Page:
Other common names
Povertyweed, bozzleweed, death-weed, salt sage, small-flowered marsh elder
Poverty sumpweed grows to 2 feet tall in large colonies in disturbed sites. The leaves have a strong odor most people find unpleasant. When touched, the foliage can cause contact dermatitis in sensitive people.
Typical plant growing in a disturbed site. Photo by S. Donaldson.
Grayish-green, lobed and covered with short, bristly hairs. Oppositely attached to the stem toward the bottom of the plant, and alternately attached above.
Gray-green, bristly, upright and branched.
Produces greenish male and female flowers on the same plant during the summer. Male flowers hang or nod at the ends of branches. Female flowers are spiny and are found in the leaf axils.
The flower clusters occur where the leaves meet the stem. Photo by W. Hanson Mazet.
Grows deep, woody creeping roots.
Plants can sprout from dormant roots after long periods. Seedlings are uncommon. Photo by W. Hanson Mazet.
Western North America
Where it grows
Salt marshes, alkali plains, roadsides and pastures, and sites disturbed by cultivation or overgrazing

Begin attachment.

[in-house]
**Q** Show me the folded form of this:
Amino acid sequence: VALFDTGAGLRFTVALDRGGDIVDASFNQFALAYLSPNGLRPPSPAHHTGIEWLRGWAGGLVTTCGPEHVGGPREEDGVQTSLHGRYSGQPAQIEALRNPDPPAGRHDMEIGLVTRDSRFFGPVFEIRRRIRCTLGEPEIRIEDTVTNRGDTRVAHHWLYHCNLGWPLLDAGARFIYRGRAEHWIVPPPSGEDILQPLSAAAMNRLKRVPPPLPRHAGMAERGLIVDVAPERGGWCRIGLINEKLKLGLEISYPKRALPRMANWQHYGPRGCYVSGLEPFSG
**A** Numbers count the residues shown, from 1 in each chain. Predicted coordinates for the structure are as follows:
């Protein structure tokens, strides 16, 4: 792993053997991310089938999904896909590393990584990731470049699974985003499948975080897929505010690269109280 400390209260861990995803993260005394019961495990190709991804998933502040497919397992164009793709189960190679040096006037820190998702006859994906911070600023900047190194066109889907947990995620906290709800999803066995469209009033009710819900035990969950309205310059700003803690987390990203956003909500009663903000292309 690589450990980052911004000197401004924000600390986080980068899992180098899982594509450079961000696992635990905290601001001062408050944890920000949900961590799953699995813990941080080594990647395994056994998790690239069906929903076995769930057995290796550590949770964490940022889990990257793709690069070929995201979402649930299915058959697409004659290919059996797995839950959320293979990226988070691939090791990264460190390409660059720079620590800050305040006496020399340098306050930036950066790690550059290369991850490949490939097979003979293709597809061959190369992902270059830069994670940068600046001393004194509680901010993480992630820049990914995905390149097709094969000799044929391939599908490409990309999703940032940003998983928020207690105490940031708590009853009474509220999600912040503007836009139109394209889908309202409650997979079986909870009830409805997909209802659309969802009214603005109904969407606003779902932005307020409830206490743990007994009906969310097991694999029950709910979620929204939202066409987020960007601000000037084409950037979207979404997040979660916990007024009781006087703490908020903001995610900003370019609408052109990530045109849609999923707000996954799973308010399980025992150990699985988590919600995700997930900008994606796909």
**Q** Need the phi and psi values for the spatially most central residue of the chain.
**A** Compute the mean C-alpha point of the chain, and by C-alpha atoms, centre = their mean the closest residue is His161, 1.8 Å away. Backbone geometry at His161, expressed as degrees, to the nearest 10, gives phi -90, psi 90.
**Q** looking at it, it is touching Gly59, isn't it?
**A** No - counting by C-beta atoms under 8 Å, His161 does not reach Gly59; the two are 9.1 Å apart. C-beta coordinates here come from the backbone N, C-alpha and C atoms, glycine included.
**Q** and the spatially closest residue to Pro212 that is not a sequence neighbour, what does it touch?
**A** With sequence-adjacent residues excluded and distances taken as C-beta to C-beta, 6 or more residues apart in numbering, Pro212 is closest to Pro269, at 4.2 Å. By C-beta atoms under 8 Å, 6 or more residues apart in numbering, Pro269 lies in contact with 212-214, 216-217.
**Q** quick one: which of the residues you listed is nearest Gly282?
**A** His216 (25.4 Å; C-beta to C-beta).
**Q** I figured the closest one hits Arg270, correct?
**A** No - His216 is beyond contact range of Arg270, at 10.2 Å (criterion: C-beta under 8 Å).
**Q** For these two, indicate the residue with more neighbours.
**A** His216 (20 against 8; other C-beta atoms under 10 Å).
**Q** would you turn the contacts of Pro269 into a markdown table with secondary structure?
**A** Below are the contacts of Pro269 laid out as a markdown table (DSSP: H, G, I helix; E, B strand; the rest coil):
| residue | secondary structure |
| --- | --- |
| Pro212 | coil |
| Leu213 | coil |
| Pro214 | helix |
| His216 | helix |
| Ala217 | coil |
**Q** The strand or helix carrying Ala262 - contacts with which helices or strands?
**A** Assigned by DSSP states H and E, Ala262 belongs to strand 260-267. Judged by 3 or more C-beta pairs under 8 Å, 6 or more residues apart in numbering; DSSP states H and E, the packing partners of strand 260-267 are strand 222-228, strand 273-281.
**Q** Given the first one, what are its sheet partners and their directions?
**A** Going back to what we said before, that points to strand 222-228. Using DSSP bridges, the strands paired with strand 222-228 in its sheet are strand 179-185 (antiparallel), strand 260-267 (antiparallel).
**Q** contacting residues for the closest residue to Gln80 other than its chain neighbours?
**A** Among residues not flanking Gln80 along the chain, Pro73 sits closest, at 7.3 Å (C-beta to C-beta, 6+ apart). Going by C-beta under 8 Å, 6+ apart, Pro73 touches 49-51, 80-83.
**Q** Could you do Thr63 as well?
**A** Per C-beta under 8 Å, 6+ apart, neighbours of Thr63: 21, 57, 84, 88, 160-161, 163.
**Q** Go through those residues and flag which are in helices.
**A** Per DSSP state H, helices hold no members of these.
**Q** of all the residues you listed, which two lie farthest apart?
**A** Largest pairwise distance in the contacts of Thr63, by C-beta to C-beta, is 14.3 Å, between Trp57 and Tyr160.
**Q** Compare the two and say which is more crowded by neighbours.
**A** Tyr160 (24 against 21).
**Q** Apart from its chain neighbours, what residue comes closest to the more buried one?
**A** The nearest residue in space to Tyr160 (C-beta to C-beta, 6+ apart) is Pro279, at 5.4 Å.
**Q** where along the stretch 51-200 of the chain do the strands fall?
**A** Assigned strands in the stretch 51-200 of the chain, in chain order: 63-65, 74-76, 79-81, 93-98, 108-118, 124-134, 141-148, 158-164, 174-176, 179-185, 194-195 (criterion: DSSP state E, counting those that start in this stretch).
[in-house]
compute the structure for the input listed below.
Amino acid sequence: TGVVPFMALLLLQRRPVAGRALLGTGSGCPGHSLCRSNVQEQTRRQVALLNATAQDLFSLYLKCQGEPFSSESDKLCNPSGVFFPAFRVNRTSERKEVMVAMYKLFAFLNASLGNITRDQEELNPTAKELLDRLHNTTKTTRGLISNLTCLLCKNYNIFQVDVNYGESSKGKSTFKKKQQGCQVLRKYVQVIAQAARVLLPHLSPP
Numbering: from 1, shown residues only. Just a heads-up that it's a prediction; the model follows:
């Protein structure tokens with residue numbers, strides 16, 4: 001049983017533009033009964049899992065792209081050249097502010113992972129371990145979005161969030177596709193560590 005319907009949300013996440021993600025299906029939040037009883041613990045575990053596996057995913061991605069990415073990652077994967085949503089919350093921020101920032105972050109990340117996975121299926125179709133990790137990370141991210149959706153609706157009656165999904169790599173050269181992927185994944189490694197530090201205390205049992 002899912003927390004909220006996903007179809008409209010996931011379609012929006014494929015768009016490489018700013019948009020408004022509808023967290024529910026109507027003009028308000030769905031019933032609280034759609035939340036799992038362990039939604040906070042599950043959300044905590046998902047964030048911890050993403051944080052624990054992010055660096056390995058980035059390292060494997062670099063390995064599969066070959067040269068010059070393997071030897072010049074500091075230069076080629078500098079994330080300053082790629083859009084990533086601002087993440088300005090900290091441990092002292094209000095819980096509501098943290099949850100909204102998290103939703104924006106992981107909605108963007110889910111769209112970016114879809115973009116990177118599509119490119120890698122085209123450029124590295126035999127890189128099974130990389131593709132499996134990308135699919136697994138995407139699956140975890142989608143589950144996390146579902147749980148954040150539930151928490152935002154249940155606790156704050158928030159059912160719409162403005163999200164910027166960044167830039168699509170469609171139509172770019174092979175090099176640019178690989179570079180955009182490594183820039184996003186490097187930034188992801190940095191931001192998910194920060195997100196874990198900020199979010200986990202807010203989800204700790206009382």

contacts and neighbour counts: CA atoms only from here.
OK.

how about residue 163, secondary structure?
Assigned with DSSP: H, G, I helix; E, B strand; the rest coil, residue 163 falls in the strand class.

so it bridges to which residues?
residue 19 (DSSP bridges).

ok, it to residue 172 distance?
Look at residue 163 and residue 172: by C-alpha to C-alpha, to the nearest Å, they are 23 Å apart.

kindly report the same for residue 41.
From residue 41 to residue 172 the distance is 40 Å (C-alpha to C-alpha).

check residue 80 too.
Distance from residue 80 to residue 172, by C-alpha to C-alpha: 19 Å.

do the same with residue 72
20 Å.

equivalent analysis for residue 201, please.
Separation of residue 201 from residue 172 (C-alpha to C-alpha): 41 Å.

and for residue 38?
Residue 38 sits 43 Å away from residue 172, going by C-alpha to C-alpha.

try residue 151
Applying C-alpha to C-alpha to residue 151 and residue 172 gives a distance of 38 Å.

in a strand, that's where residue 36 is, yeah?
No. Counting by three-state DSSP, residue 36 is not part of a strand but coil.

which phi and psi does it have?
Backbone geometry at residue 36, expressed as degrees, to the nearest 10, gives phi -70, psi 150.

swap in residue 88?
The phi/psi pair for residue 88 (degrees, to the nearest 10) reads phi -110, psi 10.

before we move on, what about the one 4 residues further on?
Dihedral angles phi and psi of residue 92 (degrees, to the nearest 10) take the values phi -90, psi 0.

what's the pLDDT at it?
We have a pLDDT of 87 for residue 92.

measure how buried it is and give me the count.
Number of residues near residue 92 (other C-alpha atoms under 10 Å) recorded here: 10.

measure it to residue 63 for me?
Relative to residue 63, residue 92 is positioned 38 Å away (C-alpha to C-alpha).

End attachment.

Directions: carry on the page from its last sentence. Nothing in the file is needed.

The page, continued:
Perennial (lives longer than two years)
Reproduces by creeping roots and seed
Poverty sumpweed can be difficult to control due to its deep, spreading root system. As with all perennials, the roots must be killed to effectively control this plant.
Cultivation may spread root fragments and is not recommended. Hand pulling is difficult and may cause allergic symptoms in people; wear gloves and pull regrowth frequently. Mowing is not effective, as plants regrow.
Plant desirable vegetation to help suppress it.
No biological controls are commercially available. Livestock do not find it palatable, and it may be toxic to livestock when eaten.
Try broadleaf-selective herbicides such as 2,4-D or 2,4-D + dicamba on actively growing plants. Dicamba can persist for several months and may damage desirable plants in the area treated. Glyphosate is not recommended.
Calif. Dept. of Food and Agriculture. 2012. Iva genus, cdfa.
DiTomaso, J.M. and E.A. Healy. 2007. Weeds of California and Other Western States. University of California Publication 3488.
UC Berkeley Jepson Manual. 2012. Iva axillaris, UC/JEPS.
USDA-NRCS Plants Database. 2012. PLANTS profile for Iva axillaris, USDA.
Whitson, Tom D. (editor). 2009. Weeds of the West, 10th edition. University of Wyoming, Jackson, Wyoming.